Residential School on respect and understanding: view from Zaman Wahid

Zaman Wahid is an undergraduate studying at Daffodil International University, Bangladesh. He attended the ACU Residential School 2017, held at Heriot-Watt University Malaysia in December 2017. Zaman tells us how attending the Residential School has had a positive impact on him. 

Zaman Wahid, DIU

The journey from application to attendance of the ACU Residential School 2017 was exciting, but rigorous and tough. Only one student per ACU member university could be nominated to apply for the programme, which didn’t ensure acceptance into the programme. So, I first went through a two-layered internal selection process to be eligible to apply. I was then nominated by my vice-chancellor and applied for the programme. Two months later, I got the dream email which would enable me to cross the border for the first time.

I was one of only 30 student leaders from universities across the Commonwealth who were selected to participate. As it was going to be the very first time in my life to visit abroad, I was thrilled – especially, thinking about the new cities I would visit, and the new people and cultures I would get to know. That, and solving crucial societal problems with some of the brightest minds from around the globe.

Before the programme, many questions arose in my head: how would I survive in shared accommodation with an unknown person, having never shared a room before? What if we didn’t get along? What if nobody wanted to talk to me because my English isn’t as good as theirs? So many questions. But during the programme, I can guarantee that nobody had as much fun as Daniel (my roommate from Kenya) and I! I found everyone to be so interactive and friendly, no one allowed me to be embarrassed for a single moment.

I want to share two things I learnt about myself, that I also want to share with my grandchildren in my old age. On the first day of the programme, everyone introduced themselves with an object that defines them. Bilu (Papua New Guinea) and Daniel (Kenya) showed something special that represented themselves, but also their countries – the hardships, the unity of their men. I felt a bit ashamed that I didn’t even think about me and my country like that. And I learned the way leadership should be. I found so much diversity and opportunities to learn from the 29 people from different countries, but I also found a common string among us that was the thirst for mutual understanding, tolerance, and respect. And that inspired me to think that we, all different human races, will also find the string to tie ourselves with love someday.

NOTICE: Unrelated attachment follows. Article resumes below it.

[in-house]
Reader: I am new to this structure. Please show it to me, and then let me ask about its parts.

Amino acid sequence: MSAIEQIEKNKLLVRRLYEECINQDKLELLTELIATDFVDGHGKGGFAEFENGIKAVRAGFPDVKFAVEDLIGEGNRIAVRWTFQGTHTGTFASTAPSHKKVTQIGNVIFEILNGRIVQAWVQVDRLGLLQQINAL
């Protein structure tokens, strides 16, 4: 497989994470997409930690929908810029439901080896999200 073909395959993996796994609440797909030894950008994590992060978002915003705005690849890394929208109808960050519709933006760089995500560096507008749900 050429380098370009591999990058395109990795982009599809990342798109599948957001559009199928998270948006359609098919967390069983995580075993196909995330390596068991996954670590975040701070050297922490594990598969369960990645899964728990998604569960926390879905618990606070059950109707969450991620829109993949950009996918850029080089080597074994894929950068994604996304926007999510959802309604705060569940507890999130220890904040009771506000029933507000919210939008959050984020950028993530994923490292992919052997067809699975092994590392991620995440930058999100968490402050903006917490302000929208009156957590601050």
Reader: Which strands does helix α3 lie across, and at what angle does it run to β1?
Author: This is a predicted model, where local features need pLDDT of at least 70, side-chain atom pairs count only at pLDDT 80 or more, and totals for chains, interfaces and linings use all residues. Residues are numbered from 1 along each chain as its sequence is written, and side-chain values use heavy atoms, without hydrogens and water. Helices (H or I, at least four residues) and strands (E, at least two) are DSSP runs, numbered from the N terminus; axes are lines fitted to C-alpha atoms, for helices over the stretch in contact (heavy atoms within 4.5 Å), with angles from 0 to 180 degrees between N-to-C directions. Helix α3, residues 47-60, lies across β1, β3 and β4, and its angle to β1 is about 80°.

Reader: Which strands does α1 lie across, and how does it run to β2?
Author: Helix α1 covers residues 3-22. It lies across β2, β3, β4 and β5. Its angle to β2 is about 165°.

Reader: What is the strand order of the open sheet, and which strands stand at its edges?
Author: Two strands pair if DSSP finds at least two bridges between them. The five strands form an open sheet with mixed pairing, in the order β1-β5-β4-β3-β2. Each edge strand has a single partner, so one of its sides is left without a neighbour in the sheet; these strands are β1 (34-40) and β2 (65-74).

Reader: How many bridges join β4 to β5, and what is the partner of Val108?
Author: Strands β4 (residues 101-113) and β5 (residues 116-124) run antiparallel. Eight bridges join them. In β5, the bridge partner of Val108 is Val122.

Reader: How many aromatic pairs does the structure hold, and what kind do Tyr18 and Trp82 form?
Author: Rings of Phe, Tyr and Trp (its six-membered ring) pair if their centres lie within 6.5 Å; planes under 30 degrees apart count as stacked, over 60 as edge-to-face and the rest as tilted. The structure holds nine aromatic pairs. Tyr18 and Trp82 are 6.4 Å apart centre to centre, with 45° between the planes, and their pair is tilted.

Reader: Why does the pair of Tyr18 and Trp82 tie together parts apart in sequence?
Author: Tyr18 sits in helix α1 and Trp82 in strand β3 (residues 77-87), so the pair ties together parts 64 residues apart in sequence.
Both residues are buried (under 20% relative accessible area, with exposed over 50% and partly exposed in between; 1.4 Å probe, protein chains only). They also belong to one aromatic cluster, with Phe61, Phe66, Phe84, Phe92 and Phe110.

After a late night gossiping with Timothy (Hong Kong), Smit (India), Steven (Uganda), and Noor (Mauritius), Daniel and I set a thousand alarms to wake up at 6.00 AM so that we wouldn't miss breakfast and the bus to the programme. But nothing worked. The sunshine saved us. Daniel asked me the time and I said 7.32! The bus would wait for us up to 7.45 AM. I somehow got ready by 7.42, but Daniel was taking a bit more time – I don’t know why, maybe he was thinking about the dream he just dreamt about getting married to his girlfriend. I decided to go ahead and grab an apple at least, but something held me back. So I waited and we got the bus together. Thinking back to the questions I had faced before the programme, I am so happy that I have returned with so much friendship, and respect.

This programme left me with so many learnings and memories that I can’t even share in words. But I now know who I am. I now know how to make an effective decision, how to plan, how to lead and most importantly how to think while taking into account my diverse surroundings. I have no doubt that the programme will allow me to implement the idea we found together not only in my institution but beyond.

The content, lesson and activity of the programme were awesome, but the whole process of the programme was exceptional and extraordinary. Because this way I found my peers as not my peers, but as my family members. I found a family with diverse cultures, beliefs, and faiths, aspiring to promote mutual understanding and respect by creating tolerant and inclusive communities worldwide.

Zaman Wahid

  • Read our round-up of the event
  • Read other student's views on the Residential School: Jiwani (from the University of the West Indies St Augustine campus, Trinidad and Tobago), Robbie (from Otago University, New Zealand), and Ruth Grace (from Mbarara University of Science and Technology, Uganda)
Last modified on 11/01/2018
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